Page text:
MIT Medical cares for MIT grads and guests
June 16, 2017 | Kim Schive
The weather forecast for Commencement Day remained uncertain until the last possible moment. But as MIT’s Class of 2017 received their degrees on June 9, MIT Medical staffers and emergency medical technicians (EMTs) from the student-run MIT Emergency Medical Services (EMS) were on hand and prepared for whatever the day might bring.
Leading the charge was MIT Medical Urgent Care Physician Colleen Collins. Though just two weeks into her position at MIT, Collins had previous “medical tent” experience, having worked the Boston Marathon during her residency at Boston City Hospital in the late 1980s. Joining her in Killian Court were Commencement veterans David Diamond, M.D., who divided his time between the medical tent and MIT’s Emergency Operations Center, and nurse Anne Marcoux and EMTs Amelia Bryan, Harrison Kaplan, Kyle Kotowick, Lawrence Wong, Anjali Misra, Burhan Azeem, Ann Liu, Darnell Granberry, Aria Shi, Melody Tan, Hope Chen, Logan Abel, Alice Zhou, Danielle Gruen, and Elizabeth DeTienne.
“Thankfully, there were no transports during commencement,” reports Kaplan, director of ambulance operations for MIT EMS, although EMTs were called out for an unrelated incident prior to the start of the day’s events. But even without transports, crew members were kept busy assisting MIT Medical clinicians with visitors to the medical tent.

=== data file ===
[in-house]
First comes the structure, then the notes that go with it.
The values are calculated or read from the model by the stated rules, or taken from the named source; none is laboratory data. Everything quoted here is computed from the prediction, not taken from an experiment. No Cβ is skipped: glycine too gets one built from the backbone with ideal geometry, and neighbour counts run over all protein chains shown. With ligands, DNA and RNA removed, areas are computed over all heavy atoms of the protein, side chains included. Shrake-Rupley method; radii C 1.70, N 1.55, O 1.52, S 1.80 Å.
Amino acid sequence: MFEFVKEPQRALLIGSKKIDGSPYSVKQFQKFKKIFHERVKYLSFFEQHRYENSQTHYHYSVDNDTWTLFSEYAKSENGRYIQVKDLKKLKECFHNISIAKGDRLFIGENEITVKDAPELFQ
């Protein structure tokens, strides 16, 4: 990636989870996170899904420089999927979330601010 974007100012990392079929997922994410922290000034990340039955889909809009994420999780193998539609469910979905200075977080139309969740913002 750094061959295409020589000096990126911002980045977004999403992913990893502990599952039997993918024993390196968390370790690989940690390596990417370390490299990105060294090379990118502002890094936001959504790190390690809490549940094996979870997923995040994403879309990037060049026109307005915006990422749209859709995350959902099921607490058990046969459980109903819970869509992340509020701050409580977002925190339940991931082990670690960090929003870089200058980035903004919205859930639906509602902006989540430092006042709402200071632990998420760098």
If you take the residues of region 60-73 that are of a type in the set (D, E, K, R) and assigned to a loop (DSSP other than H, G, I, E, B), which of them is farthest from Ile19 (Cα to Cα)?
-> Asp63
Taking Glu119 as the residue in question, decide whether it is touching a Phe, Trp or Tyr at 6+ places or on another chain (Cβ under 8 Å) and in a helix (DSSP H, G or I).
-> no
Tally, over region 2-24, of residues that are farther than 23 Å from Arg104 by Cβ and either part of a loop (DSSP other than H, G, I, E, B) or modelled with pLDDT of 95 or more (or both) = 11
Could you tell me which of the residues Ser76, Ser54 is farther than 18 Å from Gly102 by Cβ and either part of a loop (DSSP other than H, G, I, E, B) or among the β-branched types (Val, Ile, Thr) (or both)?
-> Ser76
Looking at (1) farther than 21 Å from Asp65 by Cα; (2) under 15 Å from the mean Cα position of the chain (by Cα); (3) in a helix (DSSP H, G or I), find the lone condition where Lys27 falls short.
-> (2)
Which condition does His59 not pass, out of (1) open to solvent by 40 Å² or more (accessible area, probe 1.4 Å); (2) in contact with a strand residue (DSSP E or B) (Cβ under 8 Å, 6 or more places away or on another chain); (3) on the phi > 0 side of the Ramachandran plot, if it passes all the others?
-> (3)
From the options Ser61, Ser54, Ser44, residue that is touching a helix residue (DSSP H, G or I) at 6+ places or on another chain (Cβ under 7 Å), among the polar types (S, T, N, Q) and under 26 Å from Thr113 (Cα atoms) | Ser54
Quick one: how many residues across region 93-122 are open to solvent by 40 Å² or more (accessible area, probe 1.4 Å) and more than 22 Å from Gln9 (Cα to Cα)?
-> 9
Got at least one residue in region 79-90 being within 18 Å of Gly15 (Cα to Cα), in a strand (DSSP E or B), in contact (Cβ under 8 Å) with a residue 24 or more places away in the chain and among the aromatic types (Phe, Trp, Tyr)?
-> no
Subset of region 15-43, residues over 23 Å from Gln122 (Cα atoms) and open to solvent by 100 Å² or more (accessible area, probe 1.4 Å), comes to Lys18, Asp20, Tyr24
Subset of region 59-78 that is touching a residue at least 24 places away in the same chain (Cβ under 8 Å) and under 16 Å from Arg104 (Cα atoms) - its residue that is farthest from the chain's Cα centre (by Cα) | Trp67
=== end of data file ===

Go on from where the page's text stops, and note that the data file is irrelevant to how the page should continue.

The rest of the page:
With a much sunnier day than predicted, many graduation attendees stopped by the tent to request sunscreen. “However, apart from sunblock and the always-popular ‘need for Band-Aids secondary to shoe trauma’ complaints, we had some genuinely sick patients as well,” Marcoux reports.
“We saw patients of all ages,” Collins says, “from graduates and family members to event staff. We treated people for leg cramps, dehydration, nausea and vomiting, and near syncope—or fainting.”
“This year was busy,” Marcoux agrees. “It was clear that people needed us and appreciated that we were there. I gave a tour of the tent to a man from Purdue who works in the student health center there; he was impressed with how robust it was.”
But, she notes, there’s always room for improvement. “With every Commencement, we think about additional supplies we might stock or things we might do differently in the future,” she explains, and in that regard, Collins’s fresh set of eyes came in handy. “Having a new doctor in the tent helped us to brainstorm more and come up with some good ideas for next year,” she says.
As for Collins, she came away from her first MIT Commencement “grateful to be included” in such a big day for the community. “The sheer diversity and inclusivity on display was impressive,” she says. She also expressed admiration for her fellow clinicians and the MIT EMS volunteers, most of whom she was meeting for the first time. “Many EMTs told me that working with MIT Medical was their most valuable experience as students at MIT. Witnessing the caring and collaborative support MIT marshals for their students was the most moving part of the event for me.”
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